6. Te Recuerdo Amanda (I Remember You, Amanda) (2:31). The music and lyrics of this track were written by Victor Jara of Chile, who disappeared sometime in September 13 – 17, 1973, during the Salvador Allende turmoil. It’s a sad song about Amanda, for whom nothing matters but her Manuel. Each day at work, she lives only for the few minutes she can be with him. One day, though, he goes off to the mountains (presumably to fight), and in only five minutes is “cut to pieces”.
7. Dida (3:33). This track is just a simple vocal ballad, consisting of one lyric: “Dida”, almost like a vocalese. Joni Mitchell assists Joan with backing vocals. An alternate version of the song appears on Joan’s album Diamonds and Rust.
8. Cucurrucucu Paloma (4:29), by Tomas Mendez. This one is another “pop” song. The “cucurrucucu” is the sound the dove (paloma) makes as it sings to a man who is dying from a broken heart. The dove comes to him each day in his grief and may be his soul, hoping for the return of his love. It’s performed here in traditional mariachi style.
9. Paso Rio (I Pass a River) (0:56). Another simple folk song from Spain. The singer passes by rivers and fountains that remind him of one he always finds washing there. No one can drink of the fountains, though, because her eyes have poisoned them. Joan performs this one a cappella, and uses it as a lead-in to the next track.
10. El Rossinyol (The Nightingale) (3:01) is the only song on the album not in Spanish, but in Catalán. It is derived from the old (possibly 13th century) legend of la bella mal maridada, the beautiful girl badly married. The song is about a girl trapped in an unfortunate marriage to a shepherd. She tells the nightingale her story and asks it to remember her to her mother in France. The music has a courtly, old-world feel to it and the song was my introduction to the Catalán language and culture.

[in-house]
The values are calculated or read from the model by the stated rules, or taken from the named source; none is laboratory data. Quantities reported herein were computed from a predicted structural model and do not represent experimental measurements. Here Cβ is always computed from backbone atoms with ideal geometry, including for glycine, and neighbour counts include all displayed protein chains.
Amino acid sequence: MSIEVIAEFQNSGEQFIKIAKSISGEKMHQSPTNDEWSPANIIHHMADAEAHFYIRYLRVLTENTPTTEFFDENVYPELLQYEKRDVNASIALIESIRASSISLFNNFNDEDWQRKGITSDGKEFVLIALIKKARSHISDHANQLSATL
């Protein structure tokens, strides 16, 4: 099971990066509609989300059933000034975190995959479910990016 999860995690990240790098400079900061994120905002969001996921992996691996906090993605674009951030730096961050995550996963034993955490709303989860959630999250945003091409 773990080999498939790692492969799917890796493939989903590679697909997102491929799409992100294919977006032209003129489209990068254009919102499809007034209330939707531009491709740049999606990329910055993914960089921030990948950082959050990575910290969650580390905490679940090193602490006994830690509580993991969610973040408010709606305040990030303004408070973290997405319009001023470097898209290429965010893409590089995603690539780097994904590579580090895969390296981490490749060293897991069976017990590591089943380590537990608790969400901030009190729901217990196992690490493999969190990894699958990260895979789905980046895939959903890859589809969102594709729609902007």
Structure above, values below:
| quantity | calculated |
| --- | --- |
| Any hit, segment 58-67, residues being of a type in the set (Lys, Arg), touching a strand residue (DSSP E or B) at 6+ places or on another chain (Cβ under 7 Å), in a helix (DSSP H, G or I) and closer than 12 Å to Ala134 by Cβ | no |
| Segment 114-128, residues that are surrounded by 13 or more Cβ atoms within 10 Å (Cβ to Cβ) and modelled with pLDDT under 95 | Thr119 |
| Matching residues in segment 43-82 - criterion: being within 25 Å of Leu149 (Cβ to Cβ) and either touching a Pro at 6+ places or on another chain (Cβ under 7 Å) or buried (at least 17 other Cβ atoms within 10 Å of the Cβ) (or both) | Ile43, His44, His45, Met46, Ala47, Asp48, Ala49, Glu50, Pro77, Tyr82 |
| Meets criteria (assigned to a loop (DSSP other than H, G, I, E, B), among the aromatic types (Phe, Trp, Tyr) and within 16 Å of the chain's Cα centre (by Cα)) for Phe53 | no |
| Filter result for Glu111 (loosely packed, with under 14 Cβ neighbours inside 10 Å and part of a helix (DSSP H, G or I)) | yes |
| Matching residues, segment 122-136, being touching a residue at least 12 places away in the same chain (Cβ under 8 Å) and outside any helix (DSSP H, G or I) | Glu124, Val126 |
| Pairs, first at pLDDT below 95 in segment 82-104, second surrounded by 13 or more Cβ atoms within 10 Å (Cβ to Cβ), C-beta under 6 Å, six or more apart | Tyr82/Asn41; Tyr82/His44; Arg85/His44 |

11. De Colores (In Colors) (2:26). There’s no way this song, the favorite folksong of the United Farmworkers Union, wouldn’t be included. Joan performs it in traditional cheery style
12. Las Madres Cansadas (The Weary Mothers) (2:55). This song is one of the two true “protest” songs on the album. This track speaks of weary mothers, laborers, who will at last rest; a farmer whose brow will be wet with the tears of businessmen “who see what they’ve done to him”; and soldiers who will lay down their arms and, as they burn their uniforms, ignore their generals.
A reading of the twelfth canto from Pablo Neruda’s The Heights of Machu Picchu follows the song, and Joan reads it in clear, crisp Spanish. The recitation leads directly into the next track.
13. No Nos Moverán (We Shall Not Be Moved) (3:39), Joan’s translation of the old-time spiritual. She uses some reverb on the verse, which gives the track almost a live feel, as if it were being performed at a camp meeting.
14. Esquinazo del Guerrillero (The Guerilla’s Serenade) (2:42), a poem by Fernando Alegría and music by Rolando Alarcón of Chile. The guerilla is singing to his lover of a battle that he’s won. It’s an up-tempo song, almost a happy one.
Produced by Joan Baez and Henry Lewy for JCB Productions. Recorded by A & M Records, catalog number 828 393 614-2.
Gracias A La Vida, liner notes